Anytime I’m staying in Italy for a week or longer, I try to book an agriturismo for at least a few nights. Here’s what I enjoy about visiting them:

A break from Italy’s frenetic cities. So many people travel to Italy and only visit cities — Milan, Venice, Florence, Rome, Naples, and they’re off again. Rural life is so different — it’s calm, it’s peaceful, and the air smells fantastic.

Outstanding farm-to-table cuisine. Agriturismi usually serve dinner and breakfast made from local produce: their own and and their neighbors’. Those eggs were probably laid this morning, that olive oil was harvested from those olive trees, and that limoncello has been fermenting on a pantry shelf for months!

Supporting a small, independent business. Wouldn’t you rather put money into a local family’s pocket than make some CEO richer? That’s what you do at an agriturismo.

Value for money. You can get a night’s stay plus a fantastic dinner and breakfast, often for a similar price for just a hotel in one of the big cities. Amenities like swimming pools are often part of the stay.

No worries about drinking and driving. When you’re eating at the place where you’re sleeping, you can indulge in all the homemade wines and digestivi without having to have a designated driver.

Personal connections. When staying at an agriturismo, you can often get to know the owners a bit, which is nice. (Though that usually depends on how well you can communicate!)

Great for families with kids. Agriturismi cater especially well to families — they’ll put extra beds in your room and let the kids play outside while you enjoy your multi-course feast. Some are especially kid-oriented with playgrounds.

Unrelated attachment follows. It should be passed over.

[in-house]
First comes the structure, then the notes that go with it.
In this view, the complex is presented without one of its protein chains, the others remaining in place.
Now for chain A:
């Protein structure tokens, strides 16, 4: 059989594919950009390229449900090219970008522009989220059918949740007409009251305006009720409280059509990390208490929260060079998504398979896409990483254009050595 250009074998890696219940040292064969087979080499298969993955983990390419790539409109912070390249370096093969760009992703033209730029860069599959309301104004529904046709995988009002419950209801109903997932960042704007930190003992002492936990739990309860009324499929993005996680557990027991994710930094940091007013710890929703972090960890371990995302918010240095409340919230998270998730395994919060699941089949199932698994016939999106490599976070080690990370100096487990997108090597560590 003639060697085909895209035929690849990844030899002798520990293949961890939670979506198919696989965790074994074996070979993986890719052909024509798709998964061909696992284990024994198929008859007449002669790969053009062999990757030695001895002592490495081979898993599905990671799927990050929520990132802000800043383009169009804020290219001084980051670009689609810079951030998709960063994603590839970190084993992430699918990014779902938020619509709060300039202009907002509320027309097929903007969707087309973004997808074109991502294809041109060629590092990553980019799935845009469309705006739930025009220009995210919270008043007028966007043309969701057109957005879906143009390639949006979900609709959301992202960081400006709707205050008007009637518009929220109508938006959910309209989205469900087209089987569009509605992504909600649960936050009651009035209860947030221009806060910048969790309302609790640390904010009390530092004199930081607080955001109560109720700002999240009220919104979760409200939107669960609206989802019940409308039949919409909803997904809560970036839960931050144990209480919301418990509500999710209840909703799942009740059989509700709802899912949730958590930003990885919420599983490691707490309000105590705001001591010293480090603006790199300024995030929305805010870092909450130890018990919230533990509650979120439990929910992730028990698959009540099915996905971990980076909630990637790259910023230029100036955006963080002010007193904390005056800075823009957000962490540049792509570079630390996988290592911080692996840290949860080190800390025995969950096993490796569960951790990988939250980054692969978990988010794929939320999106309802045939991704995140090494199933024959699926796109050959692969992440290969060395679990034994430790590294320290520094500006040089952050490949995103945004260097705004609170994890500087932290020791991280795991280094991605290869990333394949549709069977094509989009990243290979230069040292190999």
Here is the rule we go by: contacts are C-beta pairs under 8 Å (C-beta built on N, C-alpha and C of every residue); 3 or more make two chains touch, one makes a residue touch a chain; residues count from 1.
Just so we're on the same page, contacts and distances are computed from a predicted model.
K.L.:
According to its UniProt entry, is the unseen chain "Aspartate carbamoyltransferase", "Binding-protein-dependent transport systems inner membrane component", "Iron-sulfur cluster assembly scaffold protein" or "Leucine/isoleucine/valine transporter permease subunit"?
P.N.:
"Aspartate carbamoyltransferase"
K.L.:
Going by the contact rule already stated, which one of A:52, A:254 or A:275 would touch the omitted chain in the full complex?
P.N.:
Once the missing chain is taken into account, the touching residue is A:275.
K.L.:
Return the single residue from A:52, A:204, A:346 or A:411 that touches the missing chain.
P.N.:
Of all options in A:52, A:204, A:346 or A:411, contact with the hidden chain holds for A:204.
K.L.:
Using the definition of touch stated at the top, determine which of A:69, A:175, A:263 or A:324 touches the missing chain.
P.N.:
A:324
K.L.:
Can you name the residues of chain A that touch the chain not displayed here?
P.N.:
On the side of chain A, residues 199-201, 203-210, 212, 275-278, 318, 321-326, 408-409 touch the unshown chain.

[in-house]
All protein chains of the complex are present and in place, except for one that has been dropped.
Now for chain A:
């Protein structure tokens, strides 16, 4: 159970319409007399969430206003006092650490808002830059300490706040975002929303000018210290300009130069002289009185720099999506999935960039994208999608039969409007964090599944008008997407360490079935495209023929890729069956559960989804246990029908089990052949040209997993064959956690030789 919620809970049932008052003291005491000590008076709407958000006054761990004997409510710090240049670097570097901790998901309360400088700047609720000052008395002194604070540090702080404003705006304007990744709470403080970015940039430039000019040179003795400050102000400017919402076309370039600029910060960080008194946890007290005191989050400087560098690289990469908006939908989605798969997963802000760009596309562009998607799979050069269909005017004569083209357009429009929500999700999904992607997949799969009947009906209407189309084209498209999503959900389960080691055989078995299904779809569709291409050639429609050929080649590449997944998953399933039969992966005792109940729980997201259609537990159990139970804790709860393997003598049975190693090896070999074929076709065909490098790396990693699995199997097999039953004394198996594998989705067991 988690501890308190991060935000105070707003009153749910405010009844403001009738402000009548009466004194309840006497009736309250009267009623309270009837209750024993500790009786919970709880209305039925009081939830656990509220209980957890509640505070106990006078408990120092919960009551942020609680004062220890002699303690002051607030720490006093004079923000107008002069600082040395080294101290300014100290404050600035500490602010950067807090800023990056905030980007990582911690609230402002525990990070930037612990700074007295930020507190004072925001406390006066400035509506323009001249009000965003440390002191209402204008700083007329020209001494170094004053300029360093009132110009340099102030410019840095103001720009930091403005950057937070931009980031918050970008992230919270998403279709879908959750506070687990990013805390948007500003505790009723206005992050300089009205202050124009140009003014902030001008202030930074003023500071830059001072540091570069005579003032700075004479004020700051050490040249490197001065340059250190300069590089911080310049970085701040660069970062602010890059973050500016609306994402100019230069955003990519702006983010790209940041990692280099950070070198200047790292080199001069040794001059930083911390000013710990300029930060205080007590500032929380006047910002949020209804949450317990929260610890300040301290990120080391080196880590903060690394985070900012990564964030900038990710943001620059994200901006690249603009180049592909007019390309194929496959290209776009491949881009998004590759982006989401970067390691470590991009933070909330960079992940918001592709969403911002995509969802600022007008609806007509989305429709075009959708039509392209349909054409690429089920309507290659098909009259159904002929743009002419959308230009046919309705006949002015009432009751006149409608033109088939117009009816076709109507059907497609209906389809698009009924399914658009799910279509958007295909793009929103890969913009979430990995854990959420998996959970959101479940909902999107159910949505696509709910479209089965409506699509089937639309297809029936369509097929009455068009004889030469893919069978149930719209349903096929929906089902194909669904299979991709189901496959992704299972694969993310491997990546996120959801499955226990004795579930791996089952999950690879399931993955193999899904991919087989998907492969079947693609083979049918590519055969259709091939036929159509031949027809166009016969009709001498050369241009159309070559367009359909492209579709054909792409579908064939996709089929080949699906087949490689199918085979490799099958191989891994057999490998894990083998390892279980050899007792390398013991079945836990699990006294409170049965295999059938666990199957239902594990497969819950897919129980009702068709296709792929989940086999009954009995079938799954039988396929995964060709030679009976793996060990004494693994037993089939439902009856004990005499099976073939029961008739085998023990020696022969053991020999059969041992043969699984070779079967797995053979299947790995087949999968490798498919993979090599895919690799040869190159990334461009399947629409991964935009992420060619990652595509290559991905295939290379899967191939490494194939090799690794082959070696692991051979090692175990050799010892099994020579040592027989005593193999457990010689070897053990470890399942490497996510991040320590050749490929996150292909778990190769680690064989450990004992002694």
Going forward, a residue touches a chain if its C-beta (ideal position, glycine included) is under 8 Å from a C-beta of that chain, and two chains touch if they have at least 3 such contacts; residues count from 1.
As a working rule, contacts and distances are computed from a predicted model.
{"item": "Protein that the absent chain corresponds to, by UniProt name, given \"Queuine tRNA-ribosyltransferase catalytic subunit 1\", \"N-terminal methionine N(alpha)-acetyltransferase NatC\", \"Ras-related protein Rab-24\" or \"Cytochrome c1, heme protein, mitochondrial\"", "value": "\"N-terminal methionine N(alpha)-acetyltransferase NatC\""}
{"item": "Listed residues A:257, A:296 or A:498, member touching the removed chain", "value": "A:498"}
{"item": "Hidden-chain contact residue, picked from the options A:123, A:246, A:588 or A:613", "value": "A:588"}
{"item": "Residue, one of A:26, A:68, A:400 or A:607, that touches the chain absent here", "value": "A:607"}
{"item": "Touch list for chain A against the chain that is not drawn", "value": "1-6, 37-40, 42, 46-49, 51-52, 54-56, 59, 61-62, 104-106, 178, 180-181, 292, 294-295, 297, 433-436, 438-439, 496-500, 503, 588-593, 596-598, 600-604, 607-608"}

Souvenirs. You can almost always buy some of their own products to take home with you — the agriturismo’s own olive oil, wine, and digestivi.

A terrace covered with a trellis in Stromboli, Italy.
The relaxing terrace at Agriturismo Solemare in Stromboli.

How to Book a Stay at an Agriturismo

Can you find agriturismi on regular hotel booking sites? Yes! I usually find mine on When searching on Booking, you can tick the box “Farm Stay” but it doesn’t always line up perfectly — sometimes agriturismi will be labeled as “bed and breakfast” instead.

I also Google a LOT more than usual. This is the best way to find booking platform-averse agriturismi — and how I found Agriturismo Sardo in Santa Teresa Gallura, Sardinia, that served the traditional roast suckling pig that Charlie wanted to try. is home to the greatest selection of agriturismi in Italy. This is a great resource for figuring out the fine details of the place where you’re staying. It’s easy to segment by the kind of environment and the amenities.

You can also find agriturismi on Airbnb. Make sure you tick the box “Farm Stay” and be careful about the extra fees that get added.

Either way, I always make sure I look at the agriturismo’s website before booking. That will give you as much information as they have (even if it’s only in Italian!).

A chef teaching a few women how to cut sheets of pasta into ravioli.
Making ravioli with Stefano on a G Adventures trip at Poggio delle Rose in Chianciano Terme, Tuscany.

Book a Group Tour to an Agriturismo

G Adventures offers a few “Local Living” tours in Italy where you stay at an agriturismo for a week and explore the local region. They offer activities like cooking classes, hikes, and wine tastings.

Back in 2013 I went on a media trip for their Southern Tuscany tour, which I enjoyed immensely but they no longer offer.

Today G Adventures is offering Local Living tours in San Gimignano in Tuscany, and on the Amalfi Coast and in Sorrento, both near Naples in Campania.

A pool surrounded by sun chairs and tall cypress trees in the Italian countryside
What a view from the pool at Agriturismo la Selva near Siena in Tuscany! (Charlie stayed here and loved it.)

How to Choose the Right Agriturismo